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Product Details

  • ISBN-13: 9780060198190
  • Publisher: HarperCollins Publishers
  • Publication date: 2/1/1902
  • Edition description: 1ST
  • Pages: 336
  • Product dimensions: 7.66 (w) x 9.40 (h) x 1.25 (d)

Read an Excerpt

Wild Mushroom Soup



This perfect autumn recipe celebrates roasted wild mushrooms in a creamy soup that acts as a backdrop for them. You make the call here, selecting whatever wild mushrooms you like to suit your own taste. Feel free to combine varieties or to focus on one to really emphasize it. My advice is not to overthink the decision; go with whatever you are in the mood for and do it as boldly as possible.

Roasted Wild Mushrooms

1/4 cup extra-virgin olive oil
2 cloves garlic, smashed
Coarse salt
Freshly ground black pepper
8 ounces assorted wild mushrooms, such as shiitake, oyster, hen of the wood, chanterelle, black trumpet, cut into bite-sized pieces



Preheat the oven to 350 degrees F.

Place the oil and garlic in a small mixing bowl and season with salt and pepper.

Dip the mushrooms in the seasoned oil, shake off any excess, and place on a cookie sheet. (Be sure to shake off as much excess oil as possible to avoid turning the soup greasy.)

Roast the mushrooms in the preheated oven until golden brown, 12-15 minutes.

Remove the mushrooms from the oven, cover with aluminum foil to keep warm, andset aside.

Mushroom Soup and Assembly

3 cups Chicken Stock (page 23) or
Basic Vegetable Stock (page 24)
2 tablespoons unsalted butter
3 cloves garlic, minced
12 ounces button mushrooms, thinly sliced
Coarse salt
Freshly ground black pepper
1/4 cup all-purpose flour
1/2cup dry white wine, such as sauvignon blanc
1 cup heavy cream (use up to 1/2 cup less if you like by diluting it with water)
1 teaspoon minced fresh chervil leaves
1 teaspoon minced fresh tarragon leaves
1 teaspoon minced chives
1 tablespoon sherry, or to taste



Pour the stock into a pot and bring to a simmer over medium heat.

Place the butter and garlic in another pot and cook over medium-high heat until the butter is melted.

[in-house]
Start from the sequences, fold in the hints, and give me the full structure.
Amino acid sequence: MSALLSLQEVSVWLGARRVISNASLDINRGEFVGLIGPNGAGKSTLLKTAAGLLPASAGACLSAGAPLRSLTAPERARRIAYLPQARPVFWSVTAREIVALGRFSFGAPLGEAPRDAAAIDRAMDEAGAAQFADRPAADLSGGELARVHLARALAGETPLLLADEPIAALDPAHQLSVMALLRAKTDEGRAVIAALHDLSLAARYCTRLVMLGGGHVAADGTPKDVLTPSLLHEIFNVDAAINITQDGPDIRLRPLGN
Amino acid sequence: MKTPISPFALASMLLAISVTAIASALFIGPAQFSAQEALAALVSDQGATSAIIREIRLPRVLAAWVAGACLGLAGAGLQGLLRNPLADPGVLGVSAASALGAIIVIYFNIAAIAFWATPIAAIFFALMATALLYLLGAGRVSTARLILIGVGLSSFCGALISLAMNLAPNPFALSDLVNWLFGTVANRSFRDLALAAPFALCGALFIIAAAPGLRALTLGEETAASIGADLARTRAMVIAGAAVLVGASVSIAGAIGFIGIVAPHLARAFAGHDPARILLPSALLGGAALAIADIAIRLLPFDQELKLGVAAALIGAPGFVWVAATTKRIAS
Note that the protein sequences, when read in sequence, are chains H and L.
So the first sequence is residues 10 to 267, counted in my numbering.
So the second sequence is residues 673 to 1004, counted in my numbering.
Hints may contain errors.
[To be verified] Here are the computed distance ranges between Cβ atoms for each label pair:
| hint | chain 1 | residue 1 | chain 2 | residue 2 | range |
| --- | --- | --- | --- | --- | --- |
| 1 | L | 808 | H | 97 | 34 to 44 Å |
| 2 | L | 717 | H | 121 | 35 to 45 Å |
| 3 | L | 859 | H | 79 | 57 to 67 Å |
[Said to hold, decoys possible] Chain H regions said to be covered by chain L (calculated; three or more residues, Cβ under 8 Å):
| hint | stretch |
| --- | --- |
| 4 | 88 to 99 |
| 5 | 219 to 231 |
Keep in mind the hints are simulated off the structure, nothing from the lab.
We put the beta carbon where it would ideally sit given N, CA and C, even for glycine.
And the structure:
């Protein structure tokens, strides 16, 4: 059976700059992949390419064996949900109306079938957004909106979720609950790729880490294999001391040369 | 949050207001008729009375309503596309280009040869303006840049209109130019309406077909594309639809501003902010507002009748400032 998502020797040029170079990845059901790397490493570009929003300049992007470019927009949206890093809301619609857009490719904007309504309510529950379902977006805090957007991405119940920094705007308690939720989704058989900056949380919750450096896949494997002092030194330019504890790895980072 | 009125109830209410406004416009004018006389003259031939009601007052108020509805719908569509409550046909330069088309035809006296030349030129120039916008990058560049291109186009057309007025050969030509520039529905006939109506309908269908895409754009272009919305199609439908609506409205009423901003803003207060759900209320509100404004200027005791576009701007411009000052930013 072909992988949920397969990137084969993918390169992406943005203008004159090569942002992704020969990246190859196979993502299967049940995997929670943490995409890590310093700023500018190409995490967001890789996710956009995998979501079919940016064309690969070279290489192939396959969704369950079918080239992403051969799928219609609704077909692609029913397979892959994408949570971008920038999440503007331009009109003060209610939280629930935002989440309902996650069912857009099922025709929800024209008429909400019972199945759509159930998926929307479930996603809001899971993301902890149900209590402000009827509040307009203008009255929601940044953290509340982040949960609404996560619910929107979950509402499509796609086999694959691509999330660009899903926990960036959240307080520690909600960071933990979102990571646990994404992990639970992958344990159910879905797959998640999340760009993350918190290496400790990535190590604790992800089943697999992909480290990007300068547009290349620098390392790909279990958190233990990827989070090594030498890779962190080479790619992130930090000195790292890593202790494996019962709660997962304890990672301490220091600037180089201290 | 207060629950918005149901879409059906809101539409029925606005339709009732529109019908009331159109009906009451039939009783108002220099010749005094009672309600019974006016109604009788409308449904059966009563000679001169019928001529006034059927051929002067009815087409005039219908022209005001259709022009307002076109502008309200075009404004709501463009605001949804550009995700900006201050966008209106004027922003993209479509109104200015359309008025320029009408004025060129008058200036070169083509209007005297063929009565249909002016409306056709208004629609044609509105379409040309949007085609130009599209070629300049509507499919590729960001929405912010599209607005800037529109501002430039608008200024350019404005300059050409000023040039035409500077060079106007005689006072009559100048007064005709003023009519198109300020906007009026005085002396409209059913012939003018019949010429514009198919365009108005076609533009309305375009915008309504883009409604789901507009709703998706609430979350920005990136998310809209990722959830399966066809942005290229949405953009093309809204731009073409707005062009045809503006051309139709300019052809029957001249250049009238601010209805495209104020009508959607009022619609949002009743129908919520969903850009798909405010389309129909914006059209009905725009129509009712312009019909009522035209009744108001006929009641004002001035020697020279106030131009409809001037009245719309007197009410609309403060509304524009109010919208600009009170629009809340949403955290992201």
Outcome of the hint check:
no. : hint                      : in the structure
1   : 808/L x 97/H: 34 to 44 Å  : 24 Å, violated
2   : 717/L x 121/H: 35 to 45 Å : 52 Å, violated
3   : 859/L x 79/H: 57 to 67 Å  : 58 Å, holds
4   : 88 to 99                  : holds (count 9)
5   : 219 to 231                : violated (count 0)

Add the mushrooms to the butter and garlic, season with salt and pepper, and cook over medium-high heat until the mushrooms are tender but still white, 2-3 minutes.

Lower the heat and sprinkle the flour over the mushrooms, stirring as you do.

Cook the mushrooms for 5 minutes, scraping the pan and stirring every minute or so.

Raise the heat under the mushrooms to medium and add the wine to the pot.

Add the simmering stock to the mushrooms, 1 cup at a time, stirring to avoid lumps. Cook for 10 minutes.

If making in advance, allow to cool, then refrigerate in an airtight container for up to 2 days or freeze for up to 1 month, keeping the button and wild mushrooms separate. When ready to proceed, allow to come to room temperature and reheat in a pot over low heat.

Add the cream, adjust the seasoning, and add the reserved wild mushrooms. If necessary, thin with some hot water. Add the chervil, tarragon, and chives to the pot.

Divide the soup among 4 soup bowls and drizzle with the sherry.

Options: This is a great vehicle for grated fresh black truffles. If you choose to shave some over each serving, omit the herbs.


Braised Lamb Shanks



This is without a doubt the most requested recipe I've ever created. Lamb shanks are one of the cuts of meat that benefit most from long, slow braising. Don't omit the step of turning the shanks every half hour; it causes them to caramelize even as they braise. If the braising liquid seems too reduced at the end of the cooking process, stir 1 cup of water into the liquid before straining.